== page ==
From George Walton
Augusta [Ga.] 27th July 1789
I do myself the honor to enclose to you a copy of an Order of the Council of this State dated the 17th Instant.1
The facts on which the complaints are founded are real, and capable of being supported by the most unequivocal testimonials—I am well aware of the delicacy of a proceding which should lead us into a dispute with the Catholic Monarch; and of the pain it must necessarily give our great Ally; but I Should willingly hope that such discussions might take place, with the representative from Madrid, that the evils complained of might be procured to be removed without any misunderstanding between the two Nations. I have the honor to be, with profound respect and attachment, Your Most Obt Servant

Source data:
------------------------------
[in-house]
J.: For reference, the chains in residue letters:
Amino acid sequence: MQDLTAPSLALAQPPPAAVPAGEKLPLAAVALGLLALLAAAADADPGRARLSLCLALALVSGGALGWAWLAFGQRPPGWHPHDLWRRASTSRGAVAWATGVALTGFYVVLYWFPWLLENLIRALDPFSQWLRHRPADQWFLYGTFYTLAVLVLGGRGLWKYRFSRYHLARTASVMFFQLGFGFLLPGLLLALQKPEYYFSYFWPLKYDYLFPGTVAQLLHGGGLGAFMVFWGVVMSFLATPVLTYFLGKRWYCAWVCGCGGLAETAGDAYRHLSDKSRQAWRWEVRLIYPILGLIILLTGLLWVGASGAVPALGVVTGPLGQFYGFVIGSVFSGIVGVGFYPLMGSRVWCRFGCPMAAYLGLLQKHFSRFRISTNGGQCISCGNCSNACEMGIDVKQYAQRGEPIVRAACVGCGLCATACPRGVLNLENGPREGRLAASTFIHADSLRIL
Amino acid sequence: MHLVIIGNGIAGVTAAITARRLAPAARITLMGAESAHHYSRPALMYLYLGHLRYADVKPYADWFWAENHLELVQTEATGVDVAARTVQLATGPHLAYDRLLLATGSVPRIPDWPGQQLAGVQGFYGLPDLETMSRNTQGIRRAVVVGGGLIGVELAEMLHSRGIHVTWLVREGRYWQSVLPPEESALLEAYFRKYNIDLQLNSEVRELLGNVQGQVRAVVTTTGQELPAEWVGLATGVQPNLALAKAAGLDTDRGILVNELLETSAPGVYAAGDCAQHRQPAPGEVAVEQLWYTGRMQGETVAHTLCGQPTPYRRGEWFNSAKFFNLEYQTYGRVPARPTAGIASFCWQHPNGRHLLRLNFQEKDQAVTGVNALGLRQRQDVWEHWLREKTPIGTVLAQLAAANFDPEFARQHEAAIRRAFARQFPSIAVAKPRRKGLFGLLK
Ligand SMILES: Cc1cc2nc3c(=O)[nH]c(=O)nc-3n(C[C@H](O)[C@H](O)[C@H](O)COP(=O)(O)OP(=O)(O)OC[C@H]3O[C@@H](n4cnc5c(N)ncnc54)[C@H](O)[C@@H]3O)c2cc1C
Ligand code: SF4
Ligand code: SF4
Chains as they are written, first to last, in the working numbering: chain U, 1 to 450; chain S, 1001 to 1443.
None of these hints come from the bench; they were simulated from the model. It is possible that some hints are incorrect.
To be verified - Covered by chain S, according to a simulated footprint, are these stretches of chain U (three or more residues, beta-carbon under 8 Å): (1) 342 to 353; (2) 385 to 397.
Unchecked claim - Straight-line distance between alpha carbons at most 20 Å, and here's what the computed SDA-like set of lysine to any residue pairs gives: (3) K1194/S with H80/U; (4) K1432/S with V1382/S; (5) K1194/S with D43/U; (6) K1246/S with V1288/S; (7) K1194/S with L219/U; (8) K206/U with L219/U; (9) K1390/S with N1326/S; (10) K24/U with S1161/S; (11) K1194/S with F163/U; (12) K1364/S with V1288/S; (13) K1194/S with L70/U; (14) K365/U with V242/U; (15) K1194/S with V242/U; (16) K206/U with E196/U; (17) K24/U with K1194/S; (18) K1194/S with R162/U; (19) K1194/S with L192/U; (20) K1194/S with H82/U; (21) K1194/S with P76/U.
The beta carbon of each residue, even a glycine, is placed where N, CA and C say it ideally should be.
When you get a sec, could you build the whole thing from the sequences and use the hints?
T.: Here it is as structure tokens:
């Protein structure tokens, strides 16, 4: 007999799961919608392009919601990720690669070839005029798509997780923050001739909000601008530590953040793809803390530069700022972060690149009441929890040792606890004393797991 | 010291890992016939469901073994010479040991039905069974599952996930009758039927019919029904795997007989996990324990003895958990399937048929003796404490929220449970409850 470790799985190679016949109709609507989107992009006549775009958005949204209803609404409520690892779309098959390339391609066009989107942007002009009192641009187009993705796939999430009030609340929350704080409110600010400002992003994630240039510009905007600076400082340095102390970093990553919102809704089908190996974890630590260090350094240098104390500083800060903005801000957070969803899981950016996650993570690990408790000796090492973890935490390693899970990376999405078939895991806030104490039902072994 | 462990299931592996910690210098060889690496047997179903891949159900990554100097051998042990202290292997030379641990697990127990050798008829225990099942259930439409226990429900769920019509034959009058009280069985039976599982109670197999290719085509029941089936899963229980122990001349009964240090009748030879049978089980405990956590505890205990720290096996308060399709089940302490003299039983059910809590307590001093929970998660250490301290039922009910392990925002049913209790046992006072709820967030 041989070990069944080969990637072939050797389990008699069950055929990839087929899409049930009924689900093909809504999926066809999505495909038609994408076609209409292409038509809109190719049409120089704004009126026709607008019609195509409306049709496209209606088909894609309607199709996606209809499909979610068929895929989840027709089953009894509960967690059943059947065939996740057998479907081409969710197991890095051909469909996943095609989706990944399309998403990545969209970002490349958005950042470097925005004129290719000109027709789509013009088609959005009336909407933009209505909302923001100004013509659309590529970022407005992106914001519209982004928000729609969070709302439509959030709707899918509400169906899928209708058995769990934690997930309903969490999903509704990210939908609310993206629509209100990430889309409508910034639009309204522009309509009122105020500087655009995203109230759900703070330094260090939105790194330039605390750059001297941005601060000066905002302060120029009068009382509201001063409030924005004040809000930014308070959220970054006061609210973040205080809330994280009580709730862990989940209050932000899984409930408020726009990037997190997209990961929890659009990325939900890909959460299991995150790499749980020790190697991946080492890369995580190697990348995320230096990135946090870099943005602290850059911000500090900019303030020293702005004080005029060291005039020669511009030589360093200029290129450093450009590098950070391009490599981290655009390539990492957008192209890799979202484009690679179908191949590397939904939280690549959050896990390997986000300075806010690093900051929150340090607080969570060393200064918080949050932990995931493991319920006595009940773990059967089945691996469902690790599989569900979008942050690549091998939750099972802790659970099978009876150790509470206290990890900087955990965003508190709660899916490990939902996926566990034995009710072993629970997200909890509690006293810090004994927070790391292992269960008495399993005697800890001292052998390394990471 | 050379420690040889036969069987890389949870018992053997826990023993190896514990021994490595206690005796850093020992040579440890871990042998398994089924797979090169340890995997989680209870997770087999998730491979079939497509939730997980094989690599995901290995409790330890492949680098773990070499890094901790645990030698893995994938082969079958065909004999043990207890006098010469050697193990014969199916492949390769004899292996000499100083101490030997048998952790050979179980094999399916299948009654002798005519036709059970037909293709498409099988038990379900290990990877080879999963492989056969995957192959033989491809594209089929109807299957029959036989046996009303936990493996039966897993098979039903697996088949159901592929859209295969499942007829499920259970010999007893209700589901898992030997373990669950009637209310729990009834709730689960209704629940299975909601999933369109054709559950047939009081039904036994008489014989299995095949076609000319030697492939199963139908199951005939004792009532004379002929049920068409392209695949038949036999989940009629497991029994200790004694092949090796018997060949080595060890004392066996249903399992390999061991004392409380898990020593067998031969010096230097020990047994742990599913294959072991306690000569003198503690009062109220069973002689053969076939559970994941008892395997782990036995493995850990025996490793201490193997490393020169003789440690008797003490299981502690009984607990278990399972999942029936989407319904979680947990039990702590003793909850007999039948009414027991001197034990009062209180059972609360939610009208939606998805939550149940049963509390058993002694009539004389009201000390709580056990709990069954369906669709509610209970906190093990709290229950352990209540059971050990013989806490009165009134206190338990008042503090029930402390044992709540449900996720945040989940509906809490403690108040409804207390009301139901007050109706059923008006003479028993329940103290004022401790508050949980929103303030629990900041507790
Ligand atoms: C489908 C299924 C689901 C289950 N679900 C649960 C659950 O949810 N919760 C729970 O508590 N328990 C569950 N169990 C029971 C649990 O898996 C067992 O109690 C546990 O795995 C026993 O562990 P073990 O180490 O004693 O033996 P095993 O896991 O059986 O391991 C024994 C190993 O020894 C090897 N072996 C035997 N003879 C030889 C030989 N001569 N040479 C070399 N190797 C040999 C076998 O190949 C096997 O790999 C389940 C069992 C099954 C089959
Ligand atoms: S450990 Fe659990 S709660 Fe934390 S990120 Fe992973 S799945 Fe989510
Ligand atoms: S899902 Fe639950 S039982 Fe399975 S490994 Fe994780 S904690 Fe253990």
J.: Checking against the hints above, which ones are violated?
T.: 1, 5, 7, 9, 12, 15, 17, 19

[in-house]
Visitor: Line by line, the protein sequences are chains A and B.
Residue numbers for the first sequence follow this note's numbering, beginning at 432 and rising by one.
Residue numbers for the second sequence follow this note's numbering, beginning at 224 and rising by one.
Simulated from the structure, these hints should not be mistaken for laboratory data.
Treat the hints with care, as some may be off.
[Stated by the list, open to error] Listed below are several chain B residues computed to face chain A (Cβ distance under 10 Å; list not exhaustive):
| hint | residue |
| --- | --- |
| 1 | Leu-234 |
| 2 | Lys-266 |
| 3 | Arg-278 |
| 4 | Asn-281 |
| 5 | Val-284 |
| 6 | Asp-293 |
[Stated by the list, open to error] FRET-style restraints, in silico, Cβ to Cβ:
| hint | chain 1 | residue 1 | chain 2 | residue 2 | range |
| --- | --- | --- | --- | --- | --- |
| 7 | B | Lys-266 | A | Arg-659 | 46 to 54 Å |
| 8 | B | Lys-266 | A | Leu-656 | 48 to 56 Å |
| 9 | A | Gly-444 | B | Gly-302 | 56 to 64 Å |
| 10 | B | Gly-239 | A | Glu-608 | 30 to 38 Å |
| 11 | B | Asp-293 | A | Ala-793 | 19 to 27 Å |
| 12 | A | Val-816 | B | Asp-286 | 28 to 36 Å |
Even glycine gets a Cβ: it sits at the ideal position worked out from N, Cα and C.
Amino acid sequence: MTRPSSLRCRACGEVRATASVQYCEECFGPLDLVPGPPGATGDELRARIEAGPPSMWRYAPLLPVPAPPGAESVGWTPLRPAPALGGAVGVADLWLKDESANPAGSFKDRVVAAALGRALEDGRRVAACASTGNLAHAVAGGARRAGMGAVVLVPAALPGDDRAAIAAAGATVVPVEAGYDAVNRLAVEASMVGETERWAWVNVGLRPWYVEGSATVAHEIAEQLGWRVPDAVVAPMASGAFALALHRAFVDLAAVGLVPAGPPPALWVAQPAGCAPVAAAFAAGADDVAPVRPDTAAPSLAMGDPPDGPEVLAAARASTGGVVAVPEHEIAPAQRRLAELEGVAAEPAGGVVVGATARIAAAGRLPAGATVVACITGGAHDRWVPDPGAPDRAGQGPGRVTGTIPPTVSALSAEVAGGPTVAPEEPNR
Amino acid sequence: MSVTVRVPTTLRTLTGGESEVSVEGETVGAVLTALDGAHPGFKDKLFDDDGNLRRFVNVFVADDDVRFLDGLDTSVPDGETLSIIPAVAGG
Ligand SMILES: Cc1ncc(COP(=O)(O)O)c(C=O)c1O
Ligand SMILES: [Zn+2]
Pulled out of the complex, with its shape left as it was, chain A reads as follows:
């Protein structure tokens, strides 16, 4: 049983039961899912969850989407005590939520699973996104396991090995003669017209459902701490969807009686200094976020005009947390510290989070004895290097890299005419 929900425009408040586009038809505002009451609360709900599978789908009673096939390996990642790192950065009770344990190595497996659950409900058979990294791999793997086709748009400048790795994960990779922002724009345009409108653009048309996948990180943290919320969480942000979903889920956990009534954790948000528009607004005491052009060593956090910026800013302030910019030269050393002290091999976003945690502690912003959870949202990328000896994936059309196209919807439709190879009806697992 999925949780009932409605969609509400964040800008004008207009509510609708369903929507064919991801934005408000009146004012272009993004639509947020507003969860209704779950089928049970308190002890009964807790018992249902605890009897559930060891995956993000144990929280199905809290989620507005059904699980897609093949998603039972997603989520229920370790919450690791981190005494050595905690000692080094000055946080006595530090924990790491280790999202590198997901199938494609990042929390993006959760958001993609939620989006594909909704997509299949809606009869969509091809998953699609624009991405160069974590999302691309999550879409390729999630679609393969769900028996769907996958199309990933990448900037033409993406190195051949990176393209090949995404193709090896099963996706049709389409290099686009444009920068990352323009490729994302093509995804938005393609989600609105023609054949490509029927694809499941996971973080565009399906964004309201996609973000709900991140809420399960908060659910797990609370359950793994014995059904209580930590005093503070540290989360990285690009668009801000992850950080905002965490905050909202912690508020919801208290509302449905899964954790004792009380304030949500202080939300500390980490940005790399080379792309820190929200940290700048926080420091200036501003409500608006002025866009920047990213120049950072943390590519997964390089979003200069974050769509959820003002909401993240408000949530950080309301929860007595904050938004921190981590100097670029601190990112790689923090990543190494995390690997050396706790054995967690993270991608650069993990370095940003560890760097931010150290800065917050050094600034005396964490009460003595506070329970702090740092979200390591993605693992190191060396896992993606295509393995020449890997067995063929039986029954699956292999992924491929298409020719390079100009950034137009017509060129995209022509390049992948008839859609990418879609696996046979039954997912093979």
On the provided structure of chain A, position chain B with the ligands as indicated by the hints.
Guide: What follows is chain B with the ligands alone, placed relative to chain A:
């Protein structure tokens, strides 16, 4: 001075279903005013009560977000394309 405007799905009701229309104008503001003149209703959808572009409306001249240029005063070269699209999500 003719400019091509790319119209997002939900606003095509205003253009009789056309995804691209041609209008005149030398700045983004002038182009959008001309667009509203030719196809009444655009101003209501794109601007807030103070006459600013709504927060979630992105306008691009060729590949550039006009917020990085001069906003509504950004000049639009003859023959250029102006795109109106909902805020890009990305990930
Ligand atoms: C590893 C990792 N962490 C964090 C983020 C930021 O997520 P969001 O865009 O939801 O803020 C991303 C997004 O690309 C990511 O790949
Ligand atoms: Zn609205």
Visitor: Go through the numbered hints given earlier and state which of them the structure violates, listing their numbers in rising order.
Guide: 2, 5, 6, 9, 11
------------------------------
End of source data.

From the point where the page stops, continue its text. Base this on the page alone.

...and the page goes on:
LB, G: Executive Letter Books.
1. The proximity of Spanish Florida to Georgia had made the recovery of runaway slaves a perennial problem in Georgia that had escalated during the 1780s. Repeated appeals to the Continental Congress had little result, and a fresh attempt under the new government was launched with the order of the Georgia council of 17 July that “the Governor be requested to write to the President of the Union, and to the Deputies of this State in Congress, on the subject of the Spaniards harboring the Slaves of the Citizens of this State, and to press that measures be taken for having them restored. And preventing it in future” (MS journal of the Georgia executive council, 41, in Microfilm Collection of Early State Records).